Dan Montsitsi, one of the leaders of the 1976 student uprising tells a dramatic story of meeting the man who tortured him in detention as a politically active youth. The two met in a stadium in the early 1990s under the ‘common cause’ of ensuring that Nelson Mandela was not harmed at a public gathering following his release from prison. Montsitsi was tasked with securing the suite, while other security personnel accompanied Madiba to the podium. He was heavily armed, serving as a cadre of Umkhontho Wesizwe. Suddenly, his eyes made contact with those of Captain Struberg – his torturer. Struberg, still serving as an apartheid security policeman, was also armed, and was also on the Mandela detail.
They looked at each other in a tense moment and could have opened fire on each other. But their mission that day, and Mandela’s message of peace and reconciliation stopped them from acting on the ferocity of their emotions. Struberg called Montsitsi by name, saying that today they were there together for ‘a common purpose’ – to ensure that Mandela remained safe, and that the new South Africa that was about to be born was not aborted. This miracle of a ‘common purpose’ for a new non-racial, non-sexist, and just democratic South Africa gave us our democracy, and many understood that to mean ‘national reconciliation’.
But this never translated into reconciliation and healing amongst those who fought each other before our political settlement. The leadership ended the war and negotiated the political settlement of 1994. The world called this ‘coming together’ of the enemies who were formerly committed to destroying each other, to establish the new South Africa the miracle of reconciliation. Indeed, South Africa had all the means to destroy itself and kill the future. Many forget that apartheid South Africa had six nuclear arsenals and a bank of biological and chemical weapons, supported by western countries. And the liberation movements on the other side of our borders had the backing of the Soviet Union. The battle of Cuito Cuanavale in Angola was an example of what could have happened in South Africa. It really was a miracle that we maneuvered out of the precipice.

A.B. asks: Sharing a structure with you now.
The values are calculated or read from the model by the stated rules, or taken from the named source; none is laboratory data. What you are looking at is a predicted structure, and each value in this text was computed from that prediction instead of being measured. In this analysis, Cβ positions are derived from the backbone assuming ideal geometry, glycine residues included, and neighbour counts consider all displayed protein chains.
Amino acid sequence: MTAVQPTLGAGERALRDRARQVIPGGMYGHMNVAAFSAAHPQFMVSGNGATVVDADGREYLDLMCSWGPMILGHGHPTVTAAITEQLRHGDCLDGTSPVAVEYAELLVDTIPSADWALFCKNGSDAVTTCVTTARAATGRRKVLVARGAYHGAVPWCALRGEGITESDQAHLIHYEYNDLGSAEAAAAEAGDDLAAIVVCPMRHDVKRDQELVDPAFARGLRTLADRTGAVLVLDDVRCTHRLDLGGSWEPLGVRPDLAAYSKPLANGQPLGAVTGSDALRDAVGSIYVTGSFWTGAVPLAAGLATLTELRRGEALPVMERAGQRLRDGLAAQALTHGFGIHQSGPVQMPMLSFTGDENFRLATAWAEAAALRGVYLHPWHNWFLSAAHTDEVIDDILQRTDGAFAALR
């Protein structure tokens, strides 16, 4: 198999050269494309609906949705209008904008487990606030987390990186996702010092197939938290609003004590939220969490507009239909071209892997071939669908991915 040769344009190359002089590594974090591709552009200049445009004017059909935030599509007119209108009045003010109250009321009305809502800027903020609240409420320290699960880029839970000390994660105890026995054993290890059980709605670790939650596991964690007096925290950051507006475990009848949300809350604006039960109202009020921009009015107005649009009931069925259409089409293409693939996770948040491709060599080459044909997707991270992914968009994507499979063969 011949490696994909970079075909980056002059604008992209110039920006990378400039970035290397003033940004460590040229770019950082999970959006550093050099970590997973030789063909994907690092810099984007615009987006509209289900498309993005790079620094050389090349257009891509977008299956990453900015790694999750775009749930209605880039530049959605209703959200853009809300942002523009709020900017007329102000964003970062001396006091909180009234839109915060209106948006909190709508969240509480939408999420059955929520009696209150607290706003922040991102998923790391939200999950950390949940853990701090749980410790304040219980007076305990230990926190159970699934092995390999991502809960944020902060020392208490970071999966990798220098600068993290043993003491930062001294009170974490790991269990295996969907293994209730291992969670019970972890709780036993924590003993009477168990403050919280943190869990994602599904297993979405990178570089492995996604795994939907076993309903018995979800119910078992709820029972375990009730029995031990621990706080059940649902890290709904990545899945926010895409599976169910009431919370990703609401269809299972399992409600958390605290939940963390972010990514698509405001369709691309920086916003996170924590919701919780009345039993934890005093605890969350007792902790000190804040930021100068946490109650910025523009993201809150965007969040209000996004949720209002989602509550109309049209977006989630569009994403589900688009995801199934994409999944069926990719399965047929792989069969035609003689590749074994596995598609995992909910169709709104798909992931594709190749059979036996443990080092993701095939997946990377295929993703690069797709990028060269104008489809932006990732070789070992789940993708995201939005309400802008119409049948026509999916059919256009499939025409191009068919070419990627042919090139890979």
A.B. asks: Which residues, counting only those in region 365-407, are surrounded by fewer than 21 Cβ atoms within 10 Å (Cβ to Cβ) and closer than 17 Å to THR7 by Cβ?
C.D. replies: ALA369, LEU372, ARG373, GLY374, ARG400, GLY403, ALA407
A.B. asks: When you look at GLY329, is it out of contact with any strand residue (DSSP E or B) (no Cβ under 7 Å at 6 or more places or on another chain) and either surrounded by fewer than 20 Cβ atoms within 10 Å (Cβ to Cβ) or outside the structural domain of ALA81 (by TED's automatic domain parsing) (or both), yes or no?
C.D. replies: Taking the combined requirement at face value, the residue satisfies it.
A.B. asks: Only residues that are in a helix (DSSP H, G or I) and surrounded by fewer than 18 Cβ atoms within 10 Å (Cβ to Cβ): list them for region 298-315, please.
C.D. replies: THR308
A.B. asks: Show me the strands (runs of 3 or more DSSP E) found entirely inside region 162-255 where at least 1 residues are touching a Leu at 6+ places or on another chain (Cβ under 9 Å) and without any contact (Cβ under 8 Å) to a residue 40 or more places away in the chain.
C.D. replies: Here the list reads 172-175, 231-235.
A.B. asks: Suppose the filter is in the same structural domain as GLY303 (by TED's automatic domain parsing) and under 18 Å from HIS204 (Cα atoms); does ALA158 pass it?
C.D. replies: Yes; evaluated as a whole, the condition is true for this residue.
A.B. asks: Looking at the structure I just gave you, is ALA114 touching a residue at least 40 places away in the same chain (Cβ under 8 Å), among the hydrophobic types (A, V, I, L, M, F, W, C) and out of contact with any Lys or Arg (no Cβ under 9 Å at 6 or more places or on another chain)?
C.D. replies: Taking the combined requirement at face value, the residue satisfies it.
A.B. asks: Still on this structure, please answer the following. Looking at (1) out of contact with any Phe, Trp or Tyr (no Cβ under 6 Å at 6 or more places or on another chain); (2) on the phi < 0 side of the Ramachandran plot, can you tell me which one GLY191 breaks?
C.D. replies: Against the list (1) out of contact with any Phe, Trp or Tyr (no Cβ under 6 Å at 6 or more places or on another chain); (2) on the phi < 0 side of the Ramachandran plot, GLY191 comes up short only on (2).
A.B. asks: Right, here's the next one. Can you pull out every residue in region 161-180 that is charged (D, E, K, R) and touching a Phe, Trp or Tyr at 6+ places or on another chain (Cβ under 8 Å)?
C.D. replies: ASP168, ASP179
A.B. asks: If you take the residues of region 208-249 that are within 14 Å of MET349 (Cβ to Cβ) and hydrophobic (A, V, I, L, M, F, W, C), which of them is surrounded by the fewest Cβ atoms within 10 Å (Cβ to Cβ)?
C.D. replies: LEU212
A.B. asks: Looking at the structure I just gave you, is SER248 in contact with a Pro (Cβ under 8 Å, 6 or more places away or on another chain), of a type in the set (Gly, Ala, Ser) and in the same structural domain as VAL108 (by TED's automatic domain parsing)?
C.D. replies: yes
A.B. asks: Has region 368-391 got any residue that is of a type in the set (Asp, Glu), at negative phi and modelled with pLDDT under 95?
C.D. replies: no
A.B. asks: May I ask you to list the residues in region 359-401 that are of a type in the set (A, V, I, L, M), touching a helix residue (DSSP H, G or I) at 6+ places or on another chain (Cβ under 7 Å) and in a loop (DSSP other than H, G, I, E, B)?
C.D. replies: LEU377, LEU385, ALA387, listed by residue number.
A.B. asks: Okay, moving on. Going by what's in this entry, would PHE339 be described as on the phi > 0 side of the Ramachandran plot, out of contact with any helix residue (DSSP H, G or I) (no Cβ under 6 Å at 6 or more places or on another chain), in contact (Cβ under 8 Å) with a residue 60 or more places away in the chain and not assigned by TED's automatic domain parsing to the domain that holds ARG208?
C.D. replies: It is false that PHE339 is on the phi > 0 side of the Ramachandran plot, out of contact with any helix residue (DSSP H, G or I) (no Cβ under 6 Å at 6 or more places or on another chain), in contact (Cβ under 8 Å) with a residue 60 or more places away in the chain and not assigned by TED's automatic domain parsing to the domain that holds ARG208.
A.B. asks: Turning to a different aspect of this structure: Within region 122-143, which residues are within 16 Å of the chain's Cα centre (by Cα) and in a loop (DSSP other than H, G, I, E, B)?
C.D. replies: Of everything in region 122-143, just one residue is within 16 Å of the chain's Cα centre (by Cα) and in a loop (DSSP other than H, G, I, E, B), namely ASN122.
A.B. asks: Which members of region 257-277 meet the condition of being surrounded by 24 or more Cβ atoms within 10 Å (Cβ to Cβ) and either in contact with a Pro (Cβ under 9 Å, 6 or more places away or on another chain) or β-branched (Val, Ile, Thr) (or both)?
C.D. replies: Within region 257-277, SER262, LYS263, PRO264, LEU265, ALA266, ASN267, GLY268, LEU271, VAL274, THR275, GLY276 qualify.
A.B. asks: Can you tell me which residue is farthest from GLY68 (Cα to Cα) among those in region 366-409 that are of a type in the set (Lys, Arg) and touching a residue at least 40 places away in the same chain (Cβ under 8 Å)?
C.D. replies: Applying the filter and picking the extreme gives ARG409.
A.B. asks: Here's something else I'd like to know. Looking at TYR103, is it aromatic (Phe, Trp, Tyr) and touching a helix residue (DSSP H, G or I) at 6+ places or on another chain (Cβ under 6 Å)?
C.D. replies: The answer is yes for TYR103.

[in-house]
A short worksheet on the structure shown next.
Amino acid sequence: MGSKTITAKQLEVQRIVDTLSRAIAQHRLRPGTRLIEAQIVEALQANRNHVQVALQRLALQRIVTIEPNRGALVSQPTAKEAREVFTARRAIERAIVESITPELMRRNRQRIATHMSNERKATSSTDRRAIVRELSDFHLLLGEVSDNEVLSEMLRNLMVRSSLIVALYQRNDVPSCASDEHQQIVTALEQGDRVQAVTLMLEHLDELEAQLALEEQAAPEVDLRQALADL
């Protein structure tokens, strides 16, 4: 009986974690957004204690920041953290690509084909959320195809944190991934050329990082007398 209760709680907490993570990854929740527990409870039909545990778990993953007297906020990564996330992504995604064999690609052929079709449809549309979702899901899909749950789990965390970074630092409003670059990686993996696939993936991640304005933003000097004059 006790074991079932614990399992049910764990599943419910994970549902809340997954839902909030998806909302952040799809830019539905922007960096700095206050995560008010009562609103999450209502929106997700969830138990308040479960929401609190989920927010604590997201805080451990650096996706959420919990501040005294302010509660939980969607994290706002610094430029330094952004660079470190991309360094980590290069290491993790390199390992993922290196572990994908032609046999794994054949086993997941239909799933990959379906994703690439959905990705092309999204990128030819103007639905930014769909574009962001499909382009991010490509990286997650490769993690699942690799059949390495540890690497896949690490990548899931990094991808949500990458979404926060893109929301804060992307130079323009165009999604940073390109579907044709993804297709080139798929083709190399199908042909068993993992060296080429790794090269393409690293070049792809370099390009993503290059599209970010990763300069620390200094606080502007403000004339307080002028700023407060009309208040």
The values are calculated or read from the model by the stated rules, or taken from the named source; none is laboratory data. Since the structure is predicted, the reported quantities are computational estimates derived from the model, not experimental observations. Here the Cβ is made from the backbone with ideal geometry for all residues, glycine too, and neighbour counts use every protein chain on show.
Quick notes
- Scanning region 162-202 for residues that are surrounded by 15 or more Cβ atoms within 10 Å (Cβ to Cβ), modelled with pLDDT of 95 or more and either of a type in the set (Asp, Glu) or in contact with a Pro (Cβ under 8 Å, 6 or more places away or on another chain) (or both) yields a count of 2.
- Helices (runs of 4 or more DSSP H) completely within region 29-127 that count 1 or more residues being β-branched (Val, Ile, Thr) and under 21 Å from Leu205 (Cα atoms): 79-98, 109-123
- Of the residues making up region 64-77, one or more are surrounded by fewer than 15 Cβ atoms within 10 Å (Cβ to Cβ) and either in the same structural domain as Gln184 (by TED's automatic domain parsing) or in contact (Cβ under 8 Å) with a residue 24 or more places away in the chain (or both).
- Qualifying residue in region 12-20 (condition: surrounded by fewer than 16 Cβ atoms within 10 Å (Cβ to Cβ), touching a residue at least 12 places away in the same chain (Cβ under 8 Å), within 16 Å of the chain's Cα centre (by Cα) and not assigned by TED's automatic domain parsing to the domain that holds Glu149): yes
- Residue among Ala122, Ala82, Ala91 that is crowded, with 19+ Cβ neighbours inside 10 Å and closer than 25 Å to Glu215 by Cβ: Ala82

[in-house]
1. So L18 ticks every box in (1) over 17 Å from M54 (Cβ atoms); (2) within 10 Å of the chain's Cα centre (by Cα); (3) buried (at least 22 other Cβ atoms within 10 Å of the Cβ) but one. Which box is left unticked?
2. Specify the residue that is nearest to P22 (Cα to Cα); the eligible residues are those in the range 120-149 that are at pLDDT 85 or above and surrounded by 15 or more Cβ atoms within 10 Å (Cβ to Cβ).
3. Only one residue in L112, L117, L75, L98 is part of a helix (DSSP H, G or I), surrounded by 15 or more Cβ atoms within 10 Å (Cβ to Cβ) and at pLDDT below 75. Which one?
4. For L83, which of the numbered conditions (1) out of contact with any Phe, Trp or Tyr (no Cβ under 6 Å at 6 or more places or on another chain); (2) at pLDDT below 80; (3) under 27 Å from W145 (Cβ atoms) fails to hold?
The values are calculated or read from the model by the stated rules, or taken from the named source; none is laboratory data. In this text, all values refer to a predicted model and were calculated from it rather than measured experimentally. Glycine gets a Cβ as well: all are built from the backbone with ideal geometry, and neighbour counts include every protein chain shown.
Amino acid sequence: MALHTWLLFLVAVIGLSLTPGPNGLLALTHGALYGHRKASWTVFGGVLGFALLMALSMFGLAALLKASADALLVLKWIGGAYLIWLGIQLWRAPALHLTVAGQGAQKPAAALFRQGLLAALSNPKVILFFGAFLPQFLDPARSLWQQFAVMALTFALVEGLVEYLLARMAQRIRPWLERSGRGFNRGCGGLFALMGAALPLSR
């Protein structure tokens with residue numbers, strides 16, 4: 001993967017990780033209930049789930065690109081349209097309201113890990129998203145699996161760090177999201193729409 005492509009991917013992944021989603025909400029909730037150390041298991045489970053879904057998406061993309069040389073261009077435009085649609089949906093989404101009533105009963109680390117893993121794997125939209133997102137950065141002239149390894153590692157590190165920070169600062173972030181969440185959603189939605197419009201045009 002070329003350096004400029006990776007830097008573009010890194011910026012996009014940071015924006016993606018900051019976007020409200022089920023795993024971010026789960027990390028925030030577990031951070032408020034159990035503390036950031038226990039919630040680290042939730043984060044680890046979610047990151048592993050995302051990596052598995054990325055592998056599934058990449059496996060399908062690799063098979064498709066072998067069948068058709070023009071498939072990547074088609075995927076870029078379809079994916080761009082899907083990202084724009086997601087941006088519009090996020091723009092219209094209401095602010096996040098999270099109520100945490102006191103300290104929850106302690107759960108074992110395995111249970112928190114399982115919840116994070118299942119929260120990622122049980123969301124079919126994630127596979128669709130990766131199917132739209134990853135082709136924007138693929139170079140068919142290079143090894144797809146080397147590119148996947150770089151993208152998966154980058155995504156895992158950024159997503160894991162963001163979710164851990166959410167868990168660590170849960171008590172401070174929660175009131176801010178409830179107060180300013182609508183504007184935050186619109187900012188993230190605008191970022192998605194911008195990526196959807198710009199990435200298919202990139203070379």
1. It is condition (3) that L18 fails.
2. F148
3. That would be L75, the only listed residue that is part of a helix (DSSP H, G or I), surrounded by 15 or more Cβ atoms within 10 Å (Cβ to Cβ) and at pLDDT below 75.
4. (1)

But this ‘reconciliation’ was at a political level rather than at the level of the people, especially among the ‘foot soldiers’ on both sides of the conflict. The joining of the armed apartheid and liberation forces was also called ‘reconciliation’, but it was merely ‘integration’. The killing of former SADF soldiers by a former APLA soldier at the Tempe Military Base in Bloemfontein testified to this.
The Truth and Reconciliation Commission came and went and none of the members of the armed forces were given an opportunity to deal with the past which continued to haunt them. This includes the Conscript Generation which was conscripted and deployed as young soldiers to defend the immoral apartheid system in the name of the security of whites in the country. Now, those they fought against, internally and externally (Namibia and Angola) are governing both Namibia and South Africa.